In March of 2009, The Vermont Standard created a supplement to commemorate 75th anniversary of first ski tow in the United States. The Introduction to the supplement can be found below. Full downloads of both sections are also available by clicking on the links below.
A Ski History Part 1
Woodstock’s Role As A Winter Destination Started Long Before First Ski Tow
Winter plays an important role in the economy of the region. The natural beauty of the setting coupled with the charm and stateliness of the historic village provides Woodstock with an unsurpassed attraction for those experiencing winter.
A Ski History Part 2
Prior to January of 1934, skiing in Vermont was not an undertaking for the quadricep-challenged. In order to get up the hills, one would have to walk, whether in boots alone or on skis with sealskins attached. The skis of that day were more like the telemark skis of today, with the boot clipped in only by the toe, allowing the heel to roam free for easier uphill walking.
A Ski History Part 3
The next hill to succumb to Bunny’s entrepreneurial energy would be Suicide Six. He would have his eye on the hill for a few years before he could buy it, due to some difficulties in clearing the title for sale, but in 1937, the hill was his.
A Ski History Part 4
By late 1950s and early 1960s, the ski industry was in a rapid ascent throughout the country, with new ski areas opening every year. Many of the older, smaller ski centers which had been around since the earliest days, found themselves increasingly one-upped by larger areas with more lifts, longer trails and more snow-making capability.
Far Beyond Our Own Sunny Slopes!
Woodstock’s great ski heritage reflects ramifications that shimmer far beyond the sunny slopes surrounding the shire town.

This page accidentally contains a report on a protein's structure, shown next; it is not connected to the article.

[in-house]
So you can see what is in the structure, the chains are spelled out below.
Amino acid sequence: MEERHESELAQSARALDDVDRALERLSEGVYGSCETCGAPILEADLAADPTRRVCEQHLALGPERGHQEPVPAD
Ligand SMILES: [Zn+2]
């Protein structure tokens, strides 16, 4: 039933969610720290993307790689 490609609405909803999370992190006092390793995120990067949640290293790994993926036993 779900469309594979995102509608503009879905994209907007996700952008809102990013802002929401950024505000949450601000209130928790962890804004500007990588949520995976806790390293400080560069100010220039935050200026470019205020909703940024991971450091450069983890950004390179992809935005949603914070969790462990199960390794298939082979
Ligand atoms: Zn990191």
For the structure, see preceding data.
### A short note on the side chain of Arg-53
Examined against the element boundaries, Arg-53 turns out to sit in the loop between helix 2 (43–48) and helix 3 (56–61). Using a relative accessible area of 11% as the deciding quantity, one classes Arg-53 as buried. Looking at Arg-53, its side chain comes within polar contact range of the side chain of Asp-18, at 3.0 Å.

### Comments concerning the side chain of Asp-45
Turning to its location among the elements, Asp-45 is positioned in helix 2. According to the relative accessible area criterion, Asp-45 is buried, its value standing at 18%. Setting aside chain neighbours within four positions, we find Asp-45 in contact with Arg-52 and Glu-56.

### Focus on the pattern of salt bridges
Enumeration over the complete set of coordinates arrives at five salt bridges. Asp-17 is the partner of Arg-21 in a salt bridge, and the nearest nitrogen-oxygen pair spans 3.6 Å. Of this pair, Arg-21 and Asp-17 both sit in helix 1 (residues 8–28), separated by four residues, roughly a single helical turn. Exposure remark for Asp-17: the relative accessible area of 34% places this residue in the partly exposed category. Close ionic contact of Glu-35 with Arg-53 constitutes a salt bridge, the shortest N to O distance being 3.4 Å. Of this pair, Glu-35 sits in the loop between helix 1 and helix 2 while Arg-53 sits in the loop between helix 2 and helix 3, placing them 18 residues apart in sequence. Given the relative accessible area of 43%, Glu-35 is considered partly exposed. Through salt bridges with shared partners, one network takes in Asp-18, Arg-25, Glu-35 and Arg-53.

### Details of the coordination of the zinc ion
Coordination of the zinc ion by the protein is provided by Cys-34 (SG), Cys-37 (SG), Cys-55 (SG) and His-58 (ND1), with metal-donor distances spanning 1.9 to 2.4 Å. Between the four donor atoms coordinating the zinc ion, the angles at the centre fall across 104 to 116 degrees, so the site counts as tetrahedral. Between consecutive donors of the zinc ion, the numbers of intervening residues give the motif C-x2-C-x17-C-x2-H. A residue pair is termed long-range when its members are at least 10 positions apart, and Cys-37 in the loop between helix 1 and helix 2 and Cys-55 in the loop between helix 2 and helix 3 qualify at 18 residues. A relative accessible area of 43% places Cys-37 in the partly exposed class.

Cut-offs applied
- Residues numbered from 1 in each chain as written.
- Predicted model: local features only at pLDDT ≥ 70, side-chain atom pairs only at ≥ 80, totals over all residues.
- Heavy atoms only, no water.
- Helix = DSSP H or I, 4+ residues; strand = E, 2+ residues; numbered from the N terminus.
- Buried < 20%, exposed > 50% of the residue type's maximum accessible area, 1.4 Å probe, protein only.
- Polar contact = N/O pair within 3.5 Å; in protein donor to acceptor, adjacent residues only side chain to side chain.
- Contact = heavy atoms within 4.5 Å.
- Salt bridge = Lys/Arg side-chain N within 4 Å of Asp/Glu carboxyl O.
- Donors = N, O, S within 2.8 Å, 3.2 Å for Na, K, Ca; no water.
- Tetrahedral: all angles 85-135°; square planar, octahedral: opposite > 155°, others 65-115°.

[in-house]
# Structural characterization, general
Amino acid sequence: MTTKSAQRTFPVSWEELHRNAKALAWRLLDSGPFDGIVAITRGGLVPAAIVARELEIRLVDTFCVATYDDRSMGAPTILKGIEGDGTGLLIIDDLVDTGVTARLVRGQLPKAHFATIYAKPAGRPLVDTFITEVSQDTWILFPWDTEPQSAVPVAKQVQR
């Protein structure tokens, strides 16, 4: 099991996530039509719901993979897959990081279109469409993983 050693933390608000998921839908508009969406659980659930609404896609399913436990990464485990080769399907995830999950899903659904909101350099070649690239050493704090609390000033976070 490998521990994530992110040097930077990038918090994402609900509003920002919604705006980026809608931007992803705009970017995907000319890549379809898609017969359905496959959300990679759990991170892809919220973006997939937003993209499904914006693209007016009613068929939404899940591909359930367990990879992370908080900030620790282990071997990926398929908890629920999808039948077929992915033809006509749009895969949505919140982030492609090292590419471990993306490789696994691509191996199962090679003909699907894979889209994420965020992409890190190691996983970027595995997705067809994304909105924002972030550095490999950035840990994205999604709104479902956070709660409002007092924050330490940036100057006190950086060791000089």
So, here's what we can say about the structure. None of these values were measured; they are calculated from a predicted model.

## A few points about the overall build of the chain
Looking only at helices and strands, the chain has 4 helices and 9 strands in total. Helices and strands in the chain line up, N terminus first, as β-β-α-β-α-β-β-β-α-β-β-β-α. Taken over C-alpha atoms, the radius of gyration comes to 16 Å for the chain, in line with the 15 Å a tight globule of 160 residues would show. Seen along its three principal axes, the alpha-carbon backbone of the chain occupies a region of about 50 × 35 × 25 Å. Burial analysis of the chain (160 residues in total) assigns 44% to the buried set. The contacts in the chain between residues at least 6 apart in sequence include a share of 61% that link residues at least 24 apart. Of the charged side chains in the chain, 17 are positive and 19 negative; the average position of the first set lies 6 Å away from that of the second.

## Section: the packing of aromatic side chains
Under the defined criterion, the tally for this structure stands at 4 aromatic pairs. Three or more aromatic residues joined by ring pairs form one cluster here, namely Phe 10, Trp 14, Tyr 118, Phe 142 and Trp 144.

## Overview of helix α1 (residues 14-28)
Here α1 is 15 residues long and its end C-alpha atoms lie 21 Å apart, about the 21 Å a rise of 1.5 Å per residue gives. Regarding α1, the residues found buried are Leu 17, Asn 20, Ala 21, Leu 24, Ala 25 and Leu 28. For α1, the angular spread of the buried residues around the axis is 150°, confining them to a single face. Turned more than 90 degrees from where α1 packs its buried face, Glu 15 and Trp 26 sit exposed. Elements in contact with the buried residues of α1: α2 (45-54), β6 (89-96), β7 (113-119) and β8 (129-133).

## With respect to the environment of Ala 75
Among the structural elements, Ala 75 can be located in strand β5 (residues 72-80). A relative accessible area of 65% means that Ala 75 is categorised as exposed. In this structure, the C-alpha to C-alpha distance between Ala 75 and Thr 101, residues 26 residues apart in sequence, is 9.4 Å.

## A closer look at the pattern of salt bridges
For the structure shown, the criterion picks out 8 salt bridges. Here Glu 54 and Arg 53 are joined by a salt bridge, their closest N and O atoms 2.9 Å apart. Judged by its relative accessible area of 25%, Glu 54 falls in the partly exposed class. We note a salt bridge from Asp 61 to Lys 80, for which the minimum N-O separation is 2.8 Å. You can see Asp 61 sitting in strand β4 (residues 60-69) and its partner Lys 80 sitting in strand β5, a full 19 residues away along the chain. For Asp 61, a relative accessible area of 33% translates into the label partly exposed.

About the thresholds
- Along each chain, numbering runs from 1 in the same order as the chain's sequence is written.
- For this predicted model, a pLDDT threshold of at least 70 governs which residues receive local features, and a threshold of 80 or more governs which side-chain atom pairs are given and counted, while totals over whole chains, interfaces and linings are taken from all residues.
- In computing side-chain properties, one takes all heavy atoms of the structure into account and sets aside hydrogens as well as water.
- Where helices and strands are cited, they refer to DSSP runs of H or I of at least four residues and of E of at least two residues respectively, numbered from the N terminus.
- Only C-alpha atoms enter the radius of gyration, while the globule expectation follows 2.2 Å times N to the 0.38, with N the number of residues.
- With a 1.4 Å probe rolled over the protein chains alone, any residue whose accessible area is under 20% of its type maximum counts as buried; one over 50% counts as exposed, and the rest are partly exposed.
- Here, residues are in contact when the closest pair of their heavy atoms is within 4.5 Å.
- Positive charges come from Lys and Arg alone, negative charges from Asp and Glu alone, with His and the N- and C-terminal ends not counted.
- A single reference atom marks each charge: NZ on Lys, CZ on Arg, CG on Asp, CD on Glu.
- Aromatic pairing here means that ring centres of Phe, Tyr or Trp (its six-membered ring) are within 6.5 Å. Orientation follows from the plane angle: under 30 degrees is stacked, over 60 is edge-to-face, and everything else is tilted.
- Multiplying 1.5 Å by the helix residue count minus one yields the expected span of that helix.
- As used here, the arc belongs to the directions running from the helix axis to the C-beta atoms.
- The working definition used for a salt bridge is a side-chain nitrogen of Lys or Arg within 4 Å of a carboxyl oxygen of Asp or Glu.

In this snowy cradle of winter recreation, the following “firsts” have been noted:
- The oldest racing club-the Ski Runners-in the United States
- The first ski lift in the U.S.
- The first ski bobs, manufactured right here in Woodstock, in the U.S.
- The country’s first night skiing, at Gilbert’s Hill north of Woodstock Village in 1935.
- America’s first ski reports (postcards from the White Cupboard!)
- Vermont’s first female Olympic team members – Ursula and Margretta Fisk.
- First US National Snowboard Championship at Suicide Six.
You can read more about these important developments inside this special issue. But it’s easy to see how early trends and tones of the ski industry were set right in our back yard.
This has been a long, complicated endeavor and wouldn’t have become reality with the patience, diligence, humor and hard work of the following people: Jack Anderson, Gary Avigne and the Woodstock Resort Corp., Paul Bousquet, Paul Graves, Sherm Howe, Jonathan Robinson and Heidi White.
We are proud to play a role in chronicling this important history on the 75th anniversary of the first ski tow in the United. States. We hope this special supplement will find a place in many peoples’ historic collections.